What is the HIPAA Conduit Exception Rule?

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The HIPAA Conduit Exception Rules exempts entities that provide transmission services from qualifying as business associates when the entities’ access to protected health information during the provision of the transmission service is temporary. HHS’ Office for Civil Rights describes transmission services of this nature as having “transient” access to PHI rather than “persistent”.

The HIPAA Omnibus Final Rule updated the definition of a business associate. Aside from creating, receiving or transmitting protected health information (PHI) for a covered entity, a business associate additionally keeps PHI. This indicates that organizations or service providers that store data in electronic or physical form are viewed as business associates. As per the Omnibus Rule, the majority of service providers that transmit data are categorized as business associates.

The HIPAA Conduit Exception rule was likewise described in the HIPAA Omnibus Final Rule. It mentioned that certain vendors need not enter into a business associate agreement. This exception rule is restricted to covered entities that transfer PHI yet does not have access to the sent data or the saved copies. The covered entities just act as conduits where PHI passes.

The entities to which the HIPAA Conduit Exception Rule apply are the US Postal service and privately owned couriers such as UPS, DHL, Fed-Ex and other electronic equivalents. Internet Service Providers (ISPs) that offer basic data transmission services are likewise conduits. In other words, the HIPAA Conduit Exception Rule applies simply to PHI transmission-only service providers. If the conduit saves PHI, it ought to be transient and not persistent in character.

Several companies say that they don’t gain access to the delivered info. That is not enough to be categorized as a conduit. A conduit doesn’t get access to PHI; sent data is often saved in the short term; and it doesn’t have the key that will unlock encrypted files. Many misclassified providers as conduits include email providers, cloud service companies, fax companies and SMS/messaging companies. These are definitely not conduits and must have BAA with a covered entity prior to offering services used in combination with PHI. A number of fax companies professed they are conduits since they work as electronic equivalent of USPS, however are not subject to the HIPAA Conduit Exception Rule. Faxes save info and the storage isn’t temporary.

A lot of mistakenly classified vendors as a conduit instead of a business associate were fined by the Department of Health and Human Services’ Office for Civil Rights since they have exposed PHI without affixing their signature to a BAA first. In 2017, these healthcare providers had to pay OCR a certain amount to settle the violation:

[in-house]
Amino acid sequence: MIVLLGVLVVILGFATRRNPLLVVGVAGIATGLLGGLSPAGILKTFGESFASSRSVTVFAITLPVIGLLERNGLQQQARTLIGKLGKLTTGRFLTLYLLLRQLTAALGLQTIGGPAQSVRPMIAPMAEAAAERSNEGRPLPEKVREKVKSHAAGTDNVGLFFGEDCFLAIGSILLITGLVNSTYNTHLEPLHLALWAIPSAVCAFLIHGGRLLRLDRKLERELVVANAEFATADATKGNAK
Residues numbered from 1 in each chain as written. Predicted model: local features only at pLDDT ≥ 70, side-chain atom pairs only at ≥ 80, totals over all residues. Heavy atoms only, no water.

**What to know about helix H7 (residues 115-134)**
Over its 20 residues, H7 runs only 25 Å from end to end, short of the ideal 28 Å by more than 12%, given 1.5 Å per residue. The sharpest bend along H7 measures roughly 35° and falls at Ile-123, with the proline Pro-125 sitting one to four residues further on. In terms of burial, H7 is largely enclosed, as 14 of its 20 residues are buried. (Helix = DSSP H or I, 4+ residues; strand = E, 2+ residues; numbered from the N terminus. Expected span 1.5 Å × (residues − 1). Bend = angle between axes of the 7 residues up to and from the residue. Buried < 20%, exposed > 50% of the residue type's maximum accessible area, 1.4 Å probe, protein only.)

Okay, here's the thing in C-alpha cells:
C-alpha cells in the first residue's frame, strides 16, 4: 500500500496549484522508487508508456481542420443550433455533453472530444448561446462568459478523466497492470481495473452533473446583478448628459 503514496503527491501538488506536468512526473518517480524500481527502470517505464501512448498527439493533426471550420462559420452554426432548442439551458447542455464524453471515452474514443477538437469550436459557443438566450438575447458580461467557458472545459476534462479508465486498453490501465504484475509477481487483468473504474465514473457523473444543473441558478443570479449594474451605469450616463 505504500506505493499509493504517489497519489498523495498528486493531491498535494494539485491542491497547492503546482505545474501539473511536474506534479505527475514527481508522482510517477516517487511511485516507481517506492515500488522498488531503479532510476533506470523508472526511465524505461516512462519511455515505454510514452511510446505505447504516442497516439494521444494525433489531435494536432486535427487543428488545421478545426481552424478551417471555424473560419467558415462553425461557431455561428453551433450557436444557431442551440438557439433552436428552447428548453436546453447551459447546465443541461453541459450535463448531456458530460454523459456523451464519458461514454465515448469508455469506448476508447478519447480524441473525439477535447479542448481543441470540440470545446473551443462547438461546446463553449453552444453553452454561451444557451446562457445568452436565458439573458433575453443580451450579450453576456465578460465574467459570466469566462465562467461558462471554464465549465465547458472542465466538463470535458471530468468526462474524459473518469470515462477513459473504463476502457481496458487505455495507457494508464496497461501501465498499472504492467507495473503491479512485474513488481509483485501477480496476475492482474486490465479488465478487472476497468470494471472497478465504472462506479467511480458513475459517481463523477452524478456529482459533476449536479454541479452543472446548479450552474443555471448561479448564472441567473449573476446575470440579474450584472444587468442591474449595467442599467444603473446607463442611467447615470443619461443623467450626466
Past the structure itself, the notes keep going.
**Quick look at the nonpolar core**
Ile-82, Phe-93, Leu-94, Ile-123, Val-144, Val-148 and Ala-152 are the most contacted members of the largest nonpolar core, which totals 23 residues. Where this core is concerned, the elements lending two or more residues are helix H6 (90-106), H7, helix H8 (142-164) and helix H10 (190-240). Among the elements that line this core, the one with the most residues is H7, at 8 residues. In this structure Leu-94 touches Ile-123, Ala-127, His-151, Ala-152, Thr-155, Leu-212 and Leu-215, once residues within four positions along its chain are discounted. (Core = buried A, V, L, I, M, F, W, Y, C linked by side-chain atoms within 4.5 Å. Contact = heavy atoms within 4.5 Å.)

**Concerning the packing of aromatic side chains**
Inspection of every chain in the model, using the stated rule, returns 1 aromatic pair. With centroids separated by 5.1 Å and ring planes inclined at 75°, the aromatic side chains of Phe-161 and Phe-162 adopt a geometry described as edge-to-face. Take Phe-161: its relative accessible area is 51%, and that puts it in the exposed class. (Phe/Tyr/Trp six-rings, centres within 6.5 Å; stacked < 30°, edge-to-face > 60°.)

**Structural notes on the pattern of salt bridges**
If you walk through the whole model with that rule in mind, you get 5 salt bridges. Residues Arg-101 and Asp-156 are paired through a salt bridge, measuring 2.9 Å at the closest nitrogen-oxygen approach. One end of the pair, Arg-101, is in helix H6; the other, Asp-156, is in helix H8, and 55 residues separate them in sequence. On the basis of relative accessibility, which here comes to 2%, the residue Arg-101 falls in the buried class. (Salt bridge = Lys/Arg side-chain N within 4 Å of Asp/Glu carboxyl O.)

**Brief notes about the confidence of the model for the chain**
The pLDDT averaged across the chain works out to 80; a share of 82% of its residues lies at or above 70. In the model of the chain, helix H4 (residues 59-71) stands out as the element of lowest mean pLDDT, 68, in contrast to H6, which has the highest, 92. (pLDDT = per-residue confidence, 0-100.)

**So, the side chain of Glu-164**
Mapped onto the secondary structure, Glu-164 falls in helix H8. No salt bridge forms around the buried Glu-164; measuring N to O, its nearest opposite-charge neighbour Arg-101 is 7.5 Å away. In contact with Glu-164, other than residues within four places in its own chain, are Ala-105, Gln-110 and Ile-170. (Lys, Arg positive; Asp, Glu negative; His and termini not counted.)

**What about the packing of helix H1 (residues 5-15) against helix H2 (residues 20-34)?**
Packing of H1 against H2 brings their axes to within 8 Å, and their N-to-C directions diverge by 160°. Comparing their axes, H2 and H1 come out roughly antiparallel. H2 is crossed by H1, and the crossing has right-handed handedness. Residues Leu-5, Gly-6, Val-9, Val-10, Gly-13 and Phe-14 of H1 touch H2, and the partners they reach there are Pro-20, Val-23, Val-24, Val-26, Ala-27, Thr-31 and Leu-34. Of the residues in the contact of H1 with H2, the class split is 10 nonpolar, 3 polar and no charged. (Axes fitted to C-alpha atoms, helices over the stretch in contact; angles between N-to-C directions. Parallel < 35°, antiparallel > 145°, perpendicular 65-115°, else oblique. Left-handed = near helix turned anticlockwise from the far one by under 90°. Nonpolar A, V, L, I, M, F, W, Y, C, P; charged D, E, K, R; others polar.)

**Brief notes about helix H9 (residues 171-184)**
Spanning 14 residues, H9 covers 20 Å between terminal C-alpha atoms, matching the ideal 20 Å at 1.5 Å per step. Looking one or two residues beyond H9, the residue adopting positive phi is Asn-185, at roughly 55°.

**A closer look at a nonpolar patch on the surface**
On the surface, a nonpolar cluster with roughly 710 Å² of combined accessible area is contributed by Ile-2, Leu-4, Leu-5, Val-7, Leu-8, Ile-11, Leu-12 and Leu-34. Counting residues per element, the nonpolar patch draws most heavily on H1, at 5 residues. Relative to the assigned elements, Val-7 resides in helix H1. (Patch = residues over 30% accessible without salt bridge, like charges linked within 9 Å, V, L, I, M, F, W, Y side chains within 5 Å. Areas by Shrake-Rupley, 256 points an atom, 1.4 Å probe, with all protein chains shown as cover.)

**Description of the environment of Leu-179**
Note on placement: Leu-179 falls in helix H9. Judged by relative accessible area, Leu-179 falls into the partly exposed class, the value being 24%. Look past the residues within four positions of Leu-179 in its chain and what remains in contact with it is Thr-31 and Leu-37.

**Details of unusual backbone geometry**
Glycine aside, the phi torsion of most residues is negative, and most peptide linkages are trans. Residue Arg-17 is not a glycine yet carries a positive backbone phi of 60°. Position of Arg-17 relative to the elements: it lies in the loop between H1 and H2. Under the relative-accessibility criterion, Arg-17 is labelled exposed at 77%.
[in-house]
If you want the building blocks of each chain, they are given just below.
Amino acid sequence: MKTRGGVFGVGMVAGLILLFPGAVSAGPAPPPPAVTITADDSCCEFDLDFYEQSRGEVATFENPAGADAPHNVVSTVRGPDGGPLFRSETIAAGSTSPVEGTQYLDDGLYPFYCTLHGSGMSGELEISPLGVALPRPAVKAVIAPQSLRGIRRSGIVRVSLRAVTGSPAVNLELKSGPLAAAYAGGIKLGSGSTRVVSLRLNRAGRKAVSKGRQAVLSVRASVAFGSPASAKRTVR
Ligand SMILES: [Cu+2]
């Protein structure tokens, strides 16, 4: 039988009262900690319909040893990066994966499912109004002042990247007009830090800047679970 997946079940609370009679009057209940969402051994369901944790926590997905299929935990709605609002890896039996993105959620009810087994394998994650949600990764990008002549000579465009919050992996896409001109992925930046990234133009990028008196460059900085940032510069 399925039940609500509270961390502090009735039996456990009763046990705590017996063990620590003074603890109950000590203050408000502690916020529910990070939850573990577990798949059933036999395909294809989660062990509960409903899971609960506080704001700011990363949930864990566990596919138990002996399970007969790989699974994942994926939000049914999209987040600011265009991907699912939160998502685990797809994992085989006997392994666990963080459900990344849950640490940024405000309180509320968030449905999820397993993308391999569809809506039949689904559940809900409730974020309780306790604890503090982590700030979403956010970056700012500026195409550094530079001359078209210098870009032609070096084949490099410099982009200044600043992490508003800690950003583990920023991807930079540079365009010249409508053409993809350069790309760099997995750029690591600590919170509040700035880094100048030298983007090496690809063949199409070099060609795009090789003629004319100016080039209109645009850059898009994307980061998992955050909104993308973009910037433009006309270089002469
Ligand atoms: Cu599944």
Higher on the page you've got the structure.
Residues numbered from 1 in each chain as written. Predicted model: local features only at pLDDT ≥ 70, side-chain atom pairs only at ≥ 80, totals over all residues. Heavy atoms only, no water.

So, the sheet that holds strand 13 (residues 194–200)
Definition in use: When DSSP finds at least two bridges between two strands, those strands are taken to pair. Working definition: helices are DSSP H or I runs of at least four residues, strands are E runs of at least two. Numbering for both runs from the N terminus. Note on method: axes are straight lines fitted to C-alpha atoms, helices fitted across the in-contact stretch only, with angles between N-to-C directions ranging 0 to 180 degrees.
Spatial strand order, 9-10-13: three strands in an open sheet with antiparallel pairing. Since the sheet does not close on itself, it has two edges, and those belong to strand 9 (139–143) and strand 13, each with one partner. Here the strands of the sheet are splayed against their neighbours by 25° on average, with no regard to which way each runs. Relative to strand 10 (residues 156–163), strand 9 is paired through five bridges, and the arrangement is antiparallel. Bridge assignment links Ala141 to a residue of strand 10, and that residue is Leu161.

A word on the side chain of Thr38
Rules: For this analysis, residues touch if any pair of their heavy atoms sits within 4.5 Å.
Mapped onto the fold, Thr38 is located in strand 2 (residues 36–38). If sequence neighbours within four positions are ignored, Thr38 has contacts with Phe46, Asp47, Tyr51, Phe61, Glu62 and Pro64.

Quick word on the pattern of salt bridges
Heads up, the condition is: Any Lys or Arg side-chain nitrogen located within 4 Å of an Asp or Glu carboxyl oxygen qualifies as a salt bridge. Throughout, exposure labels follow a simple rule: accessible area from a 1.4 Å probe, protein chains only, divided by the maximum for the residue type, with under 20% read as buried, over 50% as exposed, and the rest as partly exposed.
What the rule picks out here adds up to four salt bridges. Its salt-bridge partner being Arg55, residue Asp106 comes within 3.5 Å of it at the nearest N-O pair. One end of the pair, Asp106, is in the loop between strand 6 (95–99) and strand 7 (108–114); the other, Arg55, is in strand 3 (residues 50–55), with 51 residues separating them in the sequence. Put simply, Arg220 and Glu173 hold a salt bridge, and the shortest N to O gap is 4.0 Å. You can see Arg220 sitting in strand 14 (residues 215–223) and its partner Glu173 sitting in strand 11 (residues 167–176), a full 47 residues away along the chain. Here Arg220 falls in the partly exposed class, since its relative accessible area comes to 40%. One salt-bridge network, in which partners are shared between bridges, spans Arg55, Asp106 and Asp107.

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Oregon Health & Science University paid $2,700,000

North Memorial Health Care of Minnesota paid $1,550,000

Center for Children’s Digestive Health paid $31,000

Care New England Health System paid $400,000

Penalty Charges for Miscategorizing a Business Associate as a Conduit

Any vendor which has regular access to PHI is regarded as a business associate. All business associates should sign a BAA with the HIPAA-covered entity prior to providing PHI or giving access to PHI. Miscategorizing a vendor as a conduit instead of a business associate could cause a substantial financial charge, considering that PHI will have been exposed without first signing a BAA.

The Department of Health and Human Services’ Office for Civil Rights has penalized a lot of covered entities which were found to give PHI access to a vendor without having a signed BAA. In 2017, the Center for Children’s Digestive Health paid OCR $31,000 to settle this type of violation. In 2016, Care New England Health System resolved its case of HIPAA violation for $400,000, North Memorial Health Care of Minnesota spent $1,550,000 and Oregon Health & Science University resolved a case for $2,700,000.

About Daniel Lopez
Daniel Lopez is a HIPAA trainer, passionately committed to enhancing healthcare data protection and privacy standards. As a recognized expert in HIPAA compliance, he holds the role of HIPAA specialist at The HIPAA Guide. Holding a degree in Health Information Management, complemented by certifications in data privacy and security, Daniel's academic and professional credentials are a testament to his expertise. His approach to training is both engaging and educational, catering to a range of professional needs in the healthcare sector. For further information or to benefit from his expertise, Daniel is reachable through HIPAAcoach.com or https://twitter.com/DanielLHIPAA